So eventually it got to where they were trusting my judgment in inspecting a good bit of these cars for defects. And I enjoyed that, and so I would inspect them along there, but my memory wasn’t too good and I’d forget just where in this kind of cars a defect would be. And so I got a piece of chalk and I would find a defect and I would just write on the side of the car, defective bolster, defective this or defective that.

This went on several weeks and finally one of the car me, he got a hold of me one day and he says, these car men were my bosses by the way, he would say boy we’ve really got to be on the ball because there some foreman or supervisor down the track a ways there whose writing up all of these defects on the sides of the cars, so we have to be sure and get ‘em.

Well shortly after that I decided that time for me to change to something else. So I, I decided to be a fireman. And I went to Anchorage and talked them into lettin’ me be a fireman. They decided, well gotta do something with him, so we’ll make a fireman out of him.

And they sent me down to Seward to take the student trips. The student trips consisted of making three or four runs from Seward to Portage and back again. The run from Seward to Portage was over the mountains.

You travelled over two mountains in order to get to Portage from Seward. And at this time all of the freight or practically all of the freight that came into Alaska was coming to the Port of Seward.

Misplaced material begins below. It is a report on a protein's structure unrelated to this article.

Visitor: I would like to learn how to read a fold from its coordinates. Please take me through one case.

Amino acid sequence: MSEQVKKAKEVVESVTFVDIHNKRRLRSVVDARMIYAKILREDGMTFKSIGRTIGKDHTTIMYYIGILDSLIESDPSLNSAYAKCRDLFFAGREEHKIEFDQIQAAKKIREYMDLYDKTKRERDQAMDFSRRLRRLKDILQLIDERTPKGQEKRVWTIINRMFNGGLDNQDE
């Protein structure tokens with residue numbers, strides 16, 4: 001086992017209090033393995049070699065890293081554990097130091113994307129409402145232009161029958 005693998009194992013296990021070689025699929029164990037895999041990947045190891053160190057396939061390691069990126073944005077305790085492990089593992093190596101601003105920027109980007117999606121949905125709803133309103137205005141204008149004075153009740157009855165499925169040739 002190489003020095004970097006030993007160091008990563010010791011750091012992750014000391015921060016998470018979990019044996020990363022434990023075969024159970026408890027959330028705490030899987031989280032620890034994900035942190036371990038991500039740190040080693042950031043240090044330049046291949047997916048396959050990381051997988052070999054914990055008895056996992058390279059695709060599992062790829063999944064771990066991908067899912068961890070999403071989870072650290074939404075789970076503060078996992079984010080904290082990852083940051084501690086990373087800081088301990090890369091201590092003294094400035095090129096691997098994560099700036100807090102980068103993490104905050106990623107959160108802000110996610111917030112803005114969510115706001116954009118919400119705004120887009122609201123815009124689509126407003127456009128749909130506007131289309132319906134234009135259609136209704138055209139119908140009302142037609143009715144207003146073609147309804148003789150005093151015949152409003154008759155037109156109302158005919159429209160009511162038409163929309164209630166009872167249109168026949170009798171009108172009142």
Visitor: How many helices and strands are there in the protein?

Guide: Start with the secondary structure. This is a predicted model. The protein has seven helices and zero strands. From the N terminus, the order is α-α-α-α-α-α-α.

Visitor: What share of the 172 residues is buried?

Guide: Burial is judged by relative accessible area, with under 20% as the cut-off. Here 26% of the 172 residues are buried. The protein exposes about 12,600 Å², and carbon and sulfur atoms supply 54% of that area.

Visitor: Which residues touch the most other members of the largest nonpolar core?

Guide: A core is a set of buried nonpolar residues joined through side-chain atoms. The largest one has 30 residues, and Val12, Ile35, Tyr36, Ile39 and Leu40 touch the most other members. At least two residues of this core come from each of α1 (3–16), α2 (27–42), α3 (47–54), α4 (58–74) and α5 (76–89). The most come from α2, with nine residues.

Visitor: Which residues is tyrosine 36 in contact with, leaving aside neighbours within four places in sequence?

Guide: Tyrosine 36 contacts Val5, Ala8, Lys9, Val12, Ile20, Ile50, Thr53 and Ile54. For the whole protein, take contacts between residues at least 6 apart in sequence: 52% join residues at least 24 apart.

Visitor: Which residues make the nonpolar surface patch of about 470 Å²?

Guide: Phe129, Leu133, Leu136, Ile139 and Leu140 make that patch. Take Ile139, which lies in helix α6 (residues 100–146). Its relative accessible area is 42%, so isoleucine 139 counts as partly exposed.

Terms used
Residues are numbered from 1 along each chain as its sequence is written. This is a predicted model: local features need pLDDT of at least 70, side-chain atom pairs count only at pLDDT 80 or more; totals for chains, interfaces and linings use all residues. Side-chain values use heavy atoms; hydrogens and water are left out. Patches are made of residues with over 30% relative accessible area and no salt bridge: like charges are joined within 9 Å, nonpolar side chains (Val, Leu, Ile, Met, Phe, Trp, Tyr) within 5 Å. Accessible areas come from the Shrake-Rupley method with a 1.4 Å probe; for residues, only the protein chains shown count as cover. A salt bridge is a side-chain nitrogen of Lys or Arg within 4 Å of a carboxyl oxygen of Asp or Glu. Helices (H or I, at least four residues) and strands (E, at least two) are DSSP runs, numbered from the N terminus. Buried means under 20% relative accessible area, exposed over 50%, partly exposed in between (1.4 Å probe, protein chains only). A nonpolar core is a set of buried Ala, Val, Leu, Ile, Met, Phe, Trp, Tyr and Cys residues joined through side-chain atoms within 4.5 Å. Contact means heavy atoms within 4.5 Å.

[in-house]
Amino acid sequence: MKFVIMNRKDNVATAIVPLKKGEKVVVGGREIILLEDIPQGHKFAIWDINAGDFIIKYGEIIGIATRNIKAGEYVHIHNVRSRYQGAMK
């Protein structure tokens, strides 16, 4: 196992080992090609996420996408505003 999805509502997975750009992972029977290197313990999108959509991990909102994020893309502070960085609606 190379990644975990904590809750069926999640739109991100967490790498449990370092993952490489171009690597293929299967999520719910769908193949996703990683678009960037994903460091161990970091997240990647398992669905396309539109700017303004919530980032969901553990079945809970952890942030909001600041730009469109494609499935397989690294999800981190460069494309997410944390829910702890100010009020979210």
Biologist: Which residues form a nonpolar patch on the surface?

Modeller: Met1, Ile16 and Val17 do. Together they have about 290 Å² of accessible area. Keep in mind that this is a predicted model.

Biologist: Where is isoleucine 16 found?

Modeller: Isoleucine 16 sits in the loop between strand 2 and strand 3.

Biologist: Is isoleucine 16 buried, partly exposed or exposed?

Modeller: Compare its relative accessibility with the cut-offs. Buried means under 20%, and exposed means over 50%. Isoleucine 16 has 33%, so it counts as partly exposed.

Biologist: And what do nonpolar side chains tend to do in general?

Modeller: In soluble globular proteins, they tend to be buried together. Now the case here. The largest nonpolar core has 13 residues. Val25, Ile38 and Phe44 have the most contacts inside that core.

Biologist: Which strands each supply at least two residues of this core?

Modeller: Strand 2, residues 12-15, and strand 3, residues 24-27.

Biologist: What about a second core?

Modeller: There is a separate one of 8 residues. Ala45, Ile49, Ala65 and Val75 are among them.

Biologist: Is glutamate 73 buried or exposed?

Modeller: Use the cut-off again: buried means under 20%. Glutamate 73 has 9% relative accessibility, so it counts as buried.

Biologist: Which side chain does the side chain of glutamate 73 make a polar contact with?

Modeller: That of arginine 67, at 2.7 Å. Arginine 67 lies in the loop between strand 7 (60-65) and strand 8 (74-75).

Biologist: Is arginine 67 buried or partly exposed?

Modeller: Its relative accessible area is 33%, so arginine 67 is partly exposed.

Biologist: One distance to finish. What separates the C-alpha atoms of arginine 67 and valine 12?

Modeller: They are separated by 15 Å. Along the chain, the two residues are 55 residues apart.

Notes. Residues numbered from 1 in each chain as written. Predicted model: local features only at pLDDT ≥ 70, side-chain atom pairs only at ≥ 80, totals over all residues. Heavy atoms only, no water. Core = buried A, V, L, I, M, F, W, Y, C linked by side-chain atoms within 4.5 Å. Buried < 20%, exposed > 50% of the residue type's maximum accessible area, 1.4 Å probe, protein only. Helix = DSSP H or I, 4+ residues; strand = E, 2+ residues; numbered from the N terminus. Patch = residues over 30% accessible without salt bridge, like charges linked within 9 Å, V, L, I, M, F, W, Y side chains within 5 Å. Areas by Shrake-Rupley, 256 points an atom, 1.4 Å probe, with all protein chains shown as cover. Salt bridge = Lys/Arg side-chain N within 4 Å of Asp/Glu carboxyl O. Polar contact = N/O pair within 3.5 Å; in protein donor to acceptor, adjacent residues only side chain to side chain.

And this was a boom period in ’51 is when I went to Seward. And they were running about three trains a day out of Seward at this time. I made the three trips as a student fireman. And I would, these trips would run about fourteen to sixteen hours a day. I hadn’t been used to that.

Well, I got back to Seward, I would wash up and I’d fall in the bed, then I don’t think I moved at all until a hand would be shaking me to come on, time to go out again. I would rouse and away we’d to again.

And so I finished my Seward or my student trips and then the choice was either go back to, well I did have to go back to Anchorage that’s were all the jobs originated. And I could either bid on a job up north, where they had some diesel engines, or back down in Seward.

Well there were lots of openings, because a lot of the young fellows didn’t want to work on those steam engines. But I thought, you know I don’t really know how to fire those things yet, I’m not going to let that stinkin’ locomotive beat me so I’m going to take that job down there and learn how to fire those things.